Saturday, September 13, 2008
I'm not as much of a forager/preserver as I perhaps should be, especially living in a place with so much to offer the hunter-gatherer types. We have a freezer full of rockfish and that's about it...except for raspberry jam. It's a huge staple around here, both on toast in the morning and pb&j's for sack lunches. We need about 24 pints to make it through winter...and if you know anything about alaskan winters you'll completely understand why this is so important! This year was almost a bust in that department...normally we would have been picking mid-august, but it wasn't until a week ago that they finally started to pop. Of course the rain and stormy weather kept me from getting out on Wed. my day off...so, I was relieved to get a little break in the weather to get out today, and boy was it fun! My good friend Jane (owner of the best yard in Homer!) has the most amazing raspberry patch I have ever seen...and in the dozen years I've known her, the berries are always plentiful and her generosity at letting so many of us come to pick is the stuff of legend. The stalks are 6 feet high and the berries the size of my thumb (and then some!) all surrounding a lovely patch of grass looking over the bay with a cottonwood tree so big it has a buoy swing (the alaskan equivelent of a tire swing) hanging from it's branches. The kids run around and play while the grown-ups chat and pick furiously. I got so worked up talking about Sarah Palin I had three buckets full before I knew it! At least she's good for something,eh?
Enough politics...let's make jam!
First we put our clean jars in a big pan half filled with water, put the lid on and set it to boiling. The lids go into a smaller pan also half filled with water and also set to boiling. Then we measured 4 cups of berries and 6 1/2 cups of sugar into our stainless pot and brought it to a rolling boil, stirring most of the time. (daughter Jane was mostly a big help at this) add 1 packet of liquid pectin and boil and stir for exactly one minute. turn off heat. using tongs, pull jars from hot water bath and fill to within 1/4 inch from the rim. Wipe the rim of each jar CAREFULLY and again with the tongs pull the lids out of smaller pot placing them on the hot jars and securing with the screw on metal rings. I like to leave them on a towel at this point until they cool completely when we will check the seals and store away in a cool dark spot.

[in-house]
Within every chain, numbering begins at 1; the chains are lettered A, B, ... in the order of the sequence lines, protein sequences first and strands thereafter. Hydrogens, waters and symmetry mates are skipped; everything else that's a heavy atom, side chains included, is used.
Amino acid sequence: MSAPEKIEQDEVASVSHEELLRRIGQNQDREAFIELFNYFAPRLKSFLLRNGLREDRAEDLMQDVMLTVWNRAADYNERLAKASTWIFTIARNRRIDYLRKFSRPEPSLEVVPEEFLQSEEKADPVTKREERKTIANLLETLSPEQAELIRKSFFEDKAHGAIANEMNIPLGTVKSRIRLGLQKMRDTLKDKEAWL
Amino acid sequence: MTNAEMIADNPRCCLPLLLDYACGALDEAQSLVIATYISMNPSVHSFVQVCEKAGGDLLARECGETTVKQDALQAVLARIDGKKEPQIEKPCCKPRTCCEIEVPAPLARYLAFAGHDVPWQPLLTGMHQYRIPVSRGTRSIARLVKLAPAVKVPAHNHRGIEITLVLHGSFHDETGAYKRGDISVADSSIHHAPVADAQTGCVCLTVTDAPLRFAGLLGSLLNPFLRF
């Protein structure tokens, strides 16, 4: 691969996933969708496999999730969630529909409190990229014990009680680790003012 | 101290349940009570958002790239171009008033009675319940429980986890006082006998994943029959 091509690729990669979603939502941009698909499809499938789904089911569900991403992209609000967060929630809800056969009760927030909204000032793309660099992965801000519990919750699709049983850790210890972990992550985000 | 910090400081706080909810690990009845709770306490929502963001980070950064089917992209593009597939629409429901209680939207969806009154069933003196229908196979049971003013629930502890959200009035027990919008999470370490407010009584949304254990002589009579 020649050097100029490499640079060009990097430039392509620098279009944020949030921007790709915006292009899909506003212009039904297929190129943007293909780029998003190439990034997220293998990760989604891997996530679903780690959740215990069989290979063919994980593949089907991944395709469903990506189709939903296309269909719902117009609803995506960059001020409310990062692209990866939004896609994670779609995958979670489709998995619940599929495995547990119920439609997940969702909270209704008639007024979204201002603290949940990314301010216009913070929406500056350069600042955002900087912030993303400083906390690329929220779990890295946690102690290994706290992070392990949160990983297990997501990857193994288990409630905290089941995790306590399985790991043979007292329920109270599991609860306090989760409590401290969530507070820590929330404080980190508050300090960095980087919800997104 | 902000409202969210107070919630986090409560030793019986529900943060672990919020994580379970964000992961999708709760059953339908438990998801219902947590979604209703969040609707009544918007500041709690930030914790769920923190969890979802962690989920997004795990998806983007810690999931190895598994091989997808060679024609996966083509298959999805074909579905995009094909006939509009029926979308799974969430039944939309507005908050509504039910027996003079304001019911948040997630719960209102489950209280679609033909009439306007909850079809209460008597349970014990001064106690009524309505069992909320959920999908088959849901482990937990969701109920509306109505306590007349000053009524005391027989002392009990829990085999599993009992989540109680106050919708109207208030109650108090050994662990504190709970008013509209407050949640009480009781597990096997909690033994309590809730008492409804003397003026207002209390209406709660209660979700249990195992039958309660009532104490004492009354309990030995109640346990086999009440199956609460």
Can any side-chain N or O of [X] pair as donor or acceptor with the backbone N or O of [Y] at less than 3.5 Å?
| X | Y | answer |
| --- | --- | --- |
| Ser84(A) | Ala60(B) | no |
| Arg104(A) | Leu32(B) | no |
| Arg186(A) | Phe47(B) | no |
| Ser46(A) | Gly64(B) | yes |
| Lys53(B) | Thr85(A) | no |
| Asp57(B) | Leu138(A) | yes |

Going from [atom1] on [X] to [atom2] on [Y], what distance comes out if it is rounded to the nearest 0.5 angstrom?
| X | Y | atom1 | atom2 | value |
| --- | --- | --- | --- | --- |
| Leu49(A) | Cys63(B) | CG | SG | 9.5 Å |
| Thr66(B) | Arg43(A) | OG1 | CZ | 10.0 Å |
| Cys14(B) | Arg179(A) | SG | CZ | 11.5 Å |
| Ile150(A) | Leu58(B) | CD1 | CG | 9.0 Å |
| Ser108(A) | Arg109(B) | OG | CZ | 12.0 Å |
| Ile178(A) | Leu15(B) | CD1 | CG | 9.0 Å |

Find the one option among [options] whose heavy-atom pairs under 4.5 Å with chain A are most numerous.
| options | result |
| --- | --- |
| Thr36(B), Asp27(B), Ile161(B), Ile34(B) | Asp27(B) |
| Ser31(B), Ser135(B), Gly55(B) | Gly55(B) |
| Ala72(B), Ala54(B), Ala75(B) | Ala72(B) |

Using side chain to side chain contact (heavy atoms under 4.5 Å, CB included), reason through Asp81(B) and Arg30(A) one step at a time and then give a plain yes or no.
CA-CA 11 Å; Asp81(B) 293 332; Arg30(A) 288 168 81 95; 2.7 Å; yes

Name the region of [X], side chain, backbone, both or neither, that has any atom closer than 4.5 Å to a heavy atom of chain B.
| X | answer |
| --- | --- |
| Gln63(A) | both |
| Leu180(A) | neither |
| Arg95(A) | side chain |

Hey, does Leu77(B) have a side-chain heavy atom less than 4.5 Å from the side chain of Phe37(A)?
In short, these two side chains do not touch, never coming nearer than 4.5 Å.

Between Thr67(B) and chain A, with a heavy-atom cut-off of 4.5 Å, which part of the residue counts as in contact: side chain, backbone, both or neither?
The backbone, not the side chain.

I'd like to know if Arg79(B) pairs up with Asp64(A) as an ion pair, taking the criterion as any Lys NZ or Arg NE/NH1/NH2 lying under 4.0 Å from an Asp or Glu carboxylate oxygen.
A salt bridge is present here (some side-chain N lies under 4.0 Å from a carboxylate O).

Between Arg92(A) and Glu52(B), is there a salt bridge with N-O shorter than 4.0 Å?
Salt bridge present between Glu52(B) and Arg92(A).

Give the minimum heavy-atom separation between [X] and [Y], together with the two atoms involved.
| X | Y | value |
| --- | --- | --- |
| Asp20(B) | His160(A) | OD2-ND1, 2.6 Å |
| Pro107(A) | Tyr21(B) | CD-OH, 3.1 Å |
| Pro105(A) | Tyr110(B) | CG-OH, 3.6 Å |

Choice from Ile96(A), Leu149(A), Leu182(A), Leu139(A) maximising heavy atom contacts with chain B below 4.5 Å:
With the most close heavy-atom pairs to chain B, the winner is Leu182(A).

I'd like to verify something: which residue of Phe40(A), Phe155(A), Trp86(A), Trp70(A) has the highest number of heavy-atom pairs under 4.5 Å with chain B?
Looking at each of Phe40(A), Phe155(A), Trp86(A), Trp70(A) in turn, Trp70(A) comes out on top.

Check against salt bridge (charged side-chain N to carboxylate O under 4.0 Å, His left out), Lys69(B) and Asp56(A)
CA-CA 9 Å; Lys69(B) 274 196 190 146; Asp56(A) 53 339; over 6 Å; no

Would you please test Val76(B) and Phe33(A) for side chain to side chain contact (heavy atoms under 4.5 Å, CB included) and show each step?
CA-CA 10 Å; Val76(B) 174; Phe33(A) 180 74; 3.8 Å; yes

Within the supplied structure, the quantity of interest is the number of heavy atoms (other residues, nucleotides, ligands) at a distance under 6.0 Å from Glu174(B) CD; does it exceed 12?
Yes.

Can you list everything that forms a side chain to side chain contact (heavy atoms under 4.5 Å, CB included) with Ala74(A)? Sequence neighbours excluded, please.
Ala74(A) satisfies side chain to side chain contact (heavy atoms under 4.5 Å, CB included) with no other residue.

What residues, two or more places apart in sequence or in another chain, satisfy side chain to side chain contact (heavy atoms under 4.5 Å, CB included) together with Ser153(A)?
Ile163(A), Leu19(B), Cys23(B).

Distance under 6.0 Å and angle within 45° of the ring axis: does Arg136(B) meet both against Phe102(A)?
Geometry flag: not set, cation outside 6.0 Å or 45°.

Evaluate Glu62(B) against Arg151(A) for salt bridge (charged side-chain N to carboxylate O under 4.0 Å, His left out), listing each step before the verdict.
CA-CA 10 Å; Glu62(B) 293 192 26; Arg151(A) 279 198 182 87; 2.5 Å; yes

We got our two cases done just in time to catch our good friend Tom Kizzia appear on CNN to help shed a little light on all this Sarah MADNESS!
Jam is done...back to politics!
Thursday, September 11, 2008
The rain is endless...
Today alone we went through 5 different soups:
Curry Vegetable (pictured above)
Red Rockfish Chowder
Cream of Mushroom
Almost all of them were made by our most awsome new baker/chef dude Ryan...fresh off a summer on the spit at the Spitfire Grill. We are very Lucky! We also have added Duffy and Natalia to the winter mix.(peaches flaked out to tour asia) Randall and Abby are sticking around also, Thank Goodness! Everyone else has gone or is almost gone...it's a little overwhelming how many people we've said good-bye to! Chelsie was the first to leave for school in Juneau (she had to miss Hesketh...), Irene left right after to meet up with her man in Portland, then Erin back to Portland as well! (a very popular place for Homerites), Brianna is going to travel Europe (she arrives in Amsterdam tonight!), Ben moved to Red Hook, New York to learn from his father how to make guitars (Ben is the talented musician behind Berta) and Haven to California , Emily is off to Stanford, Jenny is going to University of Washington,( Dan is going there, too, I think)! Oh, and Johnny, good ole coffee dude that he is, is hoping to ply his trade in Revelstoke, B. C....Y'all are leaving me with a big hole my tattered little heart, but I wish all of you the very best life has to offer...we'll be here when you get back!